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Casino magnate Steve Wynn resigned Saturday from his post as the Republican National Committee's finance chief, with the billionaire grappling with claims of sexual misconduct that sent his company's stock reeling.
In a terse statement, RNC Chair Ronna Romney-McDaniel confirmed that Wynn — a prominent supporter of President Donald Trump — had stepped aside in the wake of detailed and numerous allegations against him. McDaniel, however, made no mention of the claims swirling around the billionaire.
"Today I accepted Steve Wynn's resignation as Republican National Committee Finance Chair," McDaniel said on Saturday. Wynn was a prolific fundraiser for the RNC, and donated thousands of dollars to Trump's inauguration effort, as well as an assortment of GOP candidates.
Wynn also presided over a record-setting cash haul for the RNC, which is projected to have raised more than $130 million in 2017, and routinely outraised its Democratic counterpart last year.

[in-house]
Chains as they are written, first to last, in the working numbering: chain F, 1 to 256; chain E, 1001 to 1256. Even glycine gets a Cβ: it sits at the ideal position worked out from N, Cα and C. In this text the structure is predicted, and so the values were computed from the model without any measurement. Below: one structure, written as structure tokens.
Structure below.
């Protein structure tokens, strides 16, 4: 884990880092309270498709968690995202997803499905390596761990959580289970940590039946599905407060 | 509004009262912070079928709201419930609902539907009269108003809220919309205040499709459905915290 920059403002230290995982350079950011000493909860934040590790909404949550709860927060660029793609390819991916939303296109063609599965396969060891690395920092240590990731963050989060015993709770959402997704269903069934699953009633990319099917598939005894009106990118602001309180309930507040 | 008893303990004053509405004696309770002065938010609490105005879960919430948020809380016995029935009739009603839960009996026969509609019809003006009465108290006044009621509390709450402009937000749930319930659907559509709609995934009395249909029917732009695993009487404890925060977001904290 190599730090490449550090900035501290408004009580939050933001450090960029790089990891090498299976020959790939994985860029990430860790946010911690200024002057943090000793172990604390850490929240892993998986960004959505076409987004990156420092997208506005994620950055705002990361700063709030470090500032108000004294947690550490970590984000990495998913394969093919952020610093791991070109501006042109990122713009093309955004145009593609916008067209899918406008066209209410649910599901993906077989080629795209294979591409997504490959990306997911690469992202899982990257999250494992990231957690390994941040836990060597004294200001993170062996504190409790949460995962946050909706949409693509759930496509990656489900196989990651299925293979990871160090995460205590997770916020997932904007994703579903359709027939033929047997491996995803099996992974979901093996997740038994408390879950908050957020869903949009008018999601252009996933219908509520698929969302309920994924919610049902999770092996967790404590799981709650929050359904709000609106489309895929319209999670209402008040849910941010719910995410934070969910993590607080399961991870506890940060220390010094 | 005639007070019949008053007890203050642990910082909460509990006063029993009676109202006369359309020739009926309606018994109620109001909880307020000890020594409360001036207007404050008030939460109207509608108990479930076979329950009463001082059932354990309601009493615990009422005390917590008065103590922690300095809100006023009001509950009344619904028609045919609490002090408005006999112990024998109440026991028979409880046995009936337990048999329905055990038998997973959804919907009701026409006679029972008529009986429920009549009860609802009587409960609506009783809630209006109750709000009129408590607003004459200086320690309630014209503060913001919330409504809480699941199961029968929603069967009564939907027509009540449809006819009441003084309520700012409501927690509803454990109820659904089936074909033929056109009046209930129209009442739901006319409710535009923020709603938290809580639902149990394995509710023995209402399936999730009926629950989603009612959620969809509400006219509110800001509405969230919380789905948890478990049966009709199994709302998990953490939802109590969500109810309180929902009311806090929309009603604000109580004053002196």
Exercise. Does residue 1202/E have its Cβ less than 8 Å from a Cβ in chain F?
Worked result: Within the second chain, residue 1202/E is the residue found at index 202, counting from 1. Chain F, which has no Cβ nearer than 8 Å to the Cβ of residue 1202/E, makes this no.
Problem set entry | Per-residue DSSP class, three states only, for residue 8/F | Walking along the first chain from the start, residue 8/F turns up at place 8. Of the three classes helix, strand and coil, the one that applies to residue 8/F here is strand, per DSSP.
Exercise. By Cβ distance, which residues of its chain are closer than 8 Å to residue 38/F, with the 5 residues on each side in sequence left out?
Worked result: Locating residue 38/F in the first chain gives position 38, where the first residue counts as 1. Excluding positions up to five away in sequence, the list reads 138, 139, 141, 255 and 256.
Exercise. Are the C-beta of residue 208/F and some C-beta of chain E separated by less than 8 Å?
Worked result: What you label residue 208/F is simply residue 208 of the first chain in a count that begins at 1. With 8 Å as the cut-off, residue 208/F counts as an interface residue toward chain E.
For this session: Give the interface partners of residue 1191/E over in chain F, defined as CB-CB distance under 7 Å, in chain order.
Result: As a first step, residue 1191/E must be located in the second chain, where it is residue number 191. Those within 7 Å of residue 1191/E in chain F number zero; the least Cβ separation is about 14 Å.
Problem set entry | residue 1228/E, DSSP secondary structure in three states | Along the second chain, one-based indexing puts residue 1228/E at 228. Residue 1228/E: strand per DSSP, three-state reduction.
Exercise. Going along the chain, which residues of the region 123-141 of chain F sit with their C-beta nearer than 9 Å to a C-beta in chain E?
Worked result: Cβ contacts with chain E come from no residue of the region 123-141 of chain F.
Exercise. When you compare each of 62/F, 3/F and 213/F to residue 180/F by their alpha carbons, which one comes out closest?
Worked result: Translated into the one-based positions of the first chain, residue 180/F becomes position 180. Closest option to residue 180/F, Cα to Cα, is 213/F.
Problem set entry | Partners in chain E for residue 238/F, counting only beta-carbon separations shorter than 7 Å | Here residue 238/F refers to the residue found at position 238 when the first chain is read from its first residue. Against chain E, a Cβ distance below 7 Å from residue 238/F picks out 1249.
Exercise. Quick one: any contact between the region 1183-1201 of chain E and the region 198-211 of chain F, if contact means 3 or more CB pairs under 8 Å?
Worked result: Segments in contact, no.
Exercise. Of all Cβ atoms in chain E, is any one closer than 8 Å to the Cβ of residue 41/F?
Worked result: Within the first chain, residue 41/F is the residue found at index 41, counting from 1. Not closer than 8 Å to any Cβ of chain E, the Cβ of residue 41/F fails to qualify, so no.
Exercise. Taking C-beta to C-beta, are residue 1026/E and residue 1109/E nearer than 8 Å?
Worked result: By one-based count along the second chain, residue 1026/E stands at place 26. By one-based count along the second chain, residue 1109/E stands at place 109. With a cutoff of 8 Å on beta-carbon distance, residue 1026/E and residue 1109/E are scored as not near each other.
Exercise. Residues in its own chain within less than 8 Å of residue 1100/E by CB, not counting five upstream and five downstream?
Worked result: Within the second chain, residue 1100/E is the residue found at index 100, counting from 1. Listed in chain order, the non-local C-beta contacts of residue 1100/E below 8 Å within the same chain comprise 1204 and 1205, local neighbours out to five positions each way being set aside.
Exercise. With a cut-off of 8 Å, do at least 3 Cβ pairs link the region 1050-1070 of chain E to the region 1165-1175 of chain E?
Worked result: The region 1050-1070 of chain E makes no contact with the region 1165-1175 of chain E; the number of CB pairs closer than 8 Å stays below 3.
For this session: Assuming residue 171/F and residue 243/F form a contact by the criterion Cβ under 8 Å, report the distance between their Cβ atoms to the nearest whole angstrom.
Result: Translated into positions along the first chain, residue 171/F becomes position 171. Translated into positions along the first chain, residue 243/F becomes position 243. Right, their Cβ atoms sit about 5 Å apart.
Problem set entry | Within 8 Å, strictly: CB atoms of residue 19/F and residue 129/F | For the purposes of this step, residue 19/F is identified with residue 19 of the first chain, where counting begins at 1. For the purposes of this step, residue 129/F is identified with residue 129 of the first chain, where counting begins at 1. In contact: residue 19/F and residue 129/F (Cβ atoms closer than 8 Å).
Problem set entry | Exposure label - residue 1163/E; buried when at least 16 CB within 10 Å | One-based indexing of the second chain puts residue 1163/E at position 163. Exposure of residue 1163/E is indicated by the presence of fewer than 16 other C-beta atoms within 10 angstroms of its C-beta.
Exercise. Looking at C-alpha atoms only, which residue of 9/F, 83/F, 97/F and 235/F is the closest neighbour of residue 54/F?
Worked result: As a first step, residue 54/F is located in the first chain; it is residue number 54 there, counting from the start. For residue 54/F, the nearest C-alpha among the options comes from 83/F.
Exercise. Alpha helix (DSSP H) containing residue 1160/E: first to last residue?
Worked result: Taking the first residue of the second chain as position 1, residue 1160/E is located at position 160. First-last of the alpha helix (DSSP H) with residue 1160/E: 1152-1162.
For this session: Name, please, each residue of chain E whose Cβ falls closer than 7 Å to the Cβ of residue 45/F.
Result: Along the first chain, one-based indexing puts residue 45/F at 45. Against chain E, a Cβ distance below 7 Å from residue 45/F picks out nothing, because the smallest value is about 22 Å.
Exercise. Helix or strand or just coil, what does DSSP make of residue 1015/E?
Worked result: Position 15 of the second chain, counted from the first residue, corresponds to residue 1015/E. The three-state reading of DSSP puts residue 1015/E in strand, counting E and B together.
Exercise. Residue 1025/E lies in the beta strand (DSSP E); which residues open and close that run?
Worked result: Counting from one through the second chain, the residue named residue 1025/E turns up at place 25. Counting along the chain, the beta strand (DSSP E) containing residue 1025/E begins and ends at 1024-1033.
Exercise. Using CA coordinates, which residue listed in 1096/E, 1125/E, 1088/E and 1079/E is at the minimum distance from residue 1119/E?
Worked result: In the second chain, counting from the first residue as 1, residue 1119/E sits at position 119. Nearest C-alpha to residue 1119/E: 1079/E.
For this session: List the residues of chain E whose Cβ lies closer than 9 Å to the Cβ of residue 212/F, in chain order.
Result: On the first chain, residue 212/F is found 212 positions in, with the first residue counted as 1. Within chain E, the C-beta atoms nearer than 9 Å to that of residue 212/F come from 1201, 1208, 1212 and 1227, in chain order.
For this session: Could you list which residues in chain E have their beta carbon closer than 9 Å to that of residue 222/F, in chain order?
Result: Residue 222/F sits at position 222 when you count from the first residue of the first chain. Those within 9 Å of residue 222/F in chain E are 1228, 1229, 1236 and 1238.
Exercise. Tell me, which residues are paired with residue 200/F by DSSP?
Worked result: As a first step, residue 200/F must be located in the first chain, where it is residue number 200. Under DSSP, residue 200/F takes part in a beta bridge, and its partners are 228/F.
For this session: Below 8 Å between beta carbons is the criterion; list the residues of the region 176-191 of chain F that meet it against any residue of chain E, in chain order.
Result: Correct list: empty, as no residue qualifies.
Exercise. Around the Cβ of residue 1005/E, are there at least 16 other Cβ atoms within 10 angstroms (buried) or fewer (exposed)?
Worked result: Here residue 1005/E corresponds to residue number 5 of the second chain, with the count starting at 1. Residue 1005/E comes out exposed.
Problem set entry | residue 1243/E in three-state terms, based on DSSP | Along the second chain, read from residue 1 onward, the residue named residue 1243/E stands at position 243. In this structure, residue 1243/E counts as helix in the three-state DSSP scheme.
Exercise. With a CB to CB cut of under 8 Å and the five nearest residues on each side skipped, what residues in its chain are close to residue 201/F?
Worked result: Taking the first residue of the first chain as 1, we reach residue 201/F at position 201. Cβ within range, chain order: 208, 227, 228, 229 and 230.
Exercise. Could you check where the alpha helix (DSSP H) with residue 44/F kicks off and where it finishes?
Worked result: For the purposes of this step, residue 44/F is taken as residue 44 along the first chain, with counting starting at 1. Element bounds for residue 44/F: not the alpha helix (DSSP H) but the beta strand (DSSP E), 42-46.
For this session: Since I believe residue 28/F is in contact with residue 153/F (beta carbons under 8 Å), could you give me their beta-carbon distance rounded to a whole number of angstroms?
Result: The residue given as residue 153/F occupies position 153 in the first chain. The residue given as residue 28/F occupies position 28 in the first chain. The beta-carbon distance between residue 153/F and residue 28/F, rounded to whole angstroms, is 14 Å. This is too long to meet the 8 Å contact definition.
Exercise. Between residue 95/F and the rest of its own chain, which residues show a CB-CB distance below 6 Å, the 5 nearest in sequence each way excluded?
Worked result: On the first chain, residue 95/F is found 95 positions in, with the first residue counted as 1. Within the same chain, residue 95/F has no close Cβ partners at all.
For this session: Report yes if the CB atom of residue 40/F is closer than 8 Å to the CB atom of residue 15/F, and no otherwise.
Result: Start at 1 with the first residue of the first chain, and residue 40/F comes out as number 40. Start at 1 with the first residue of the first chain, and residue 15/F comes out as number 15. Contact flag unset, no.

His resignation comes as the party gears up for what polls suggest will be a hard-fought midterm election, with Democrats seemingly poised to wrest at least one chamber of Congress from Republican control. The opposition party currently leads on the generic ballot by an average of nearly 8 points, according to Real Clear Politics.
Meanwhile, the mogul's empire may also take a financial hit. On Friday, Wynn Resorts stock plunged more than 10 percent after The Wall Street Journal reported allegations that its billionaire CEO engaged in sexual misconduct over a course of years.
Dozens of people familiar with the allegations described Wynn as having engaged in a pattern of harassment over a lengthy period of time, resulting in financial settlements. Wynn responded to the publication by saying the suggestion of his having acted improperly with women was "preposterous."
The allegations surrounding Wynn put the RNC and Trump in a delicate spot. After movie mogul Harvey Weinstein was battered by allegations, numerous Republicans called on Democrats to return the donations given to the party and its candidates — and some political observers are already calling on the GOP to do the same.
--CNBC's Michael Sheetz contributed to this article.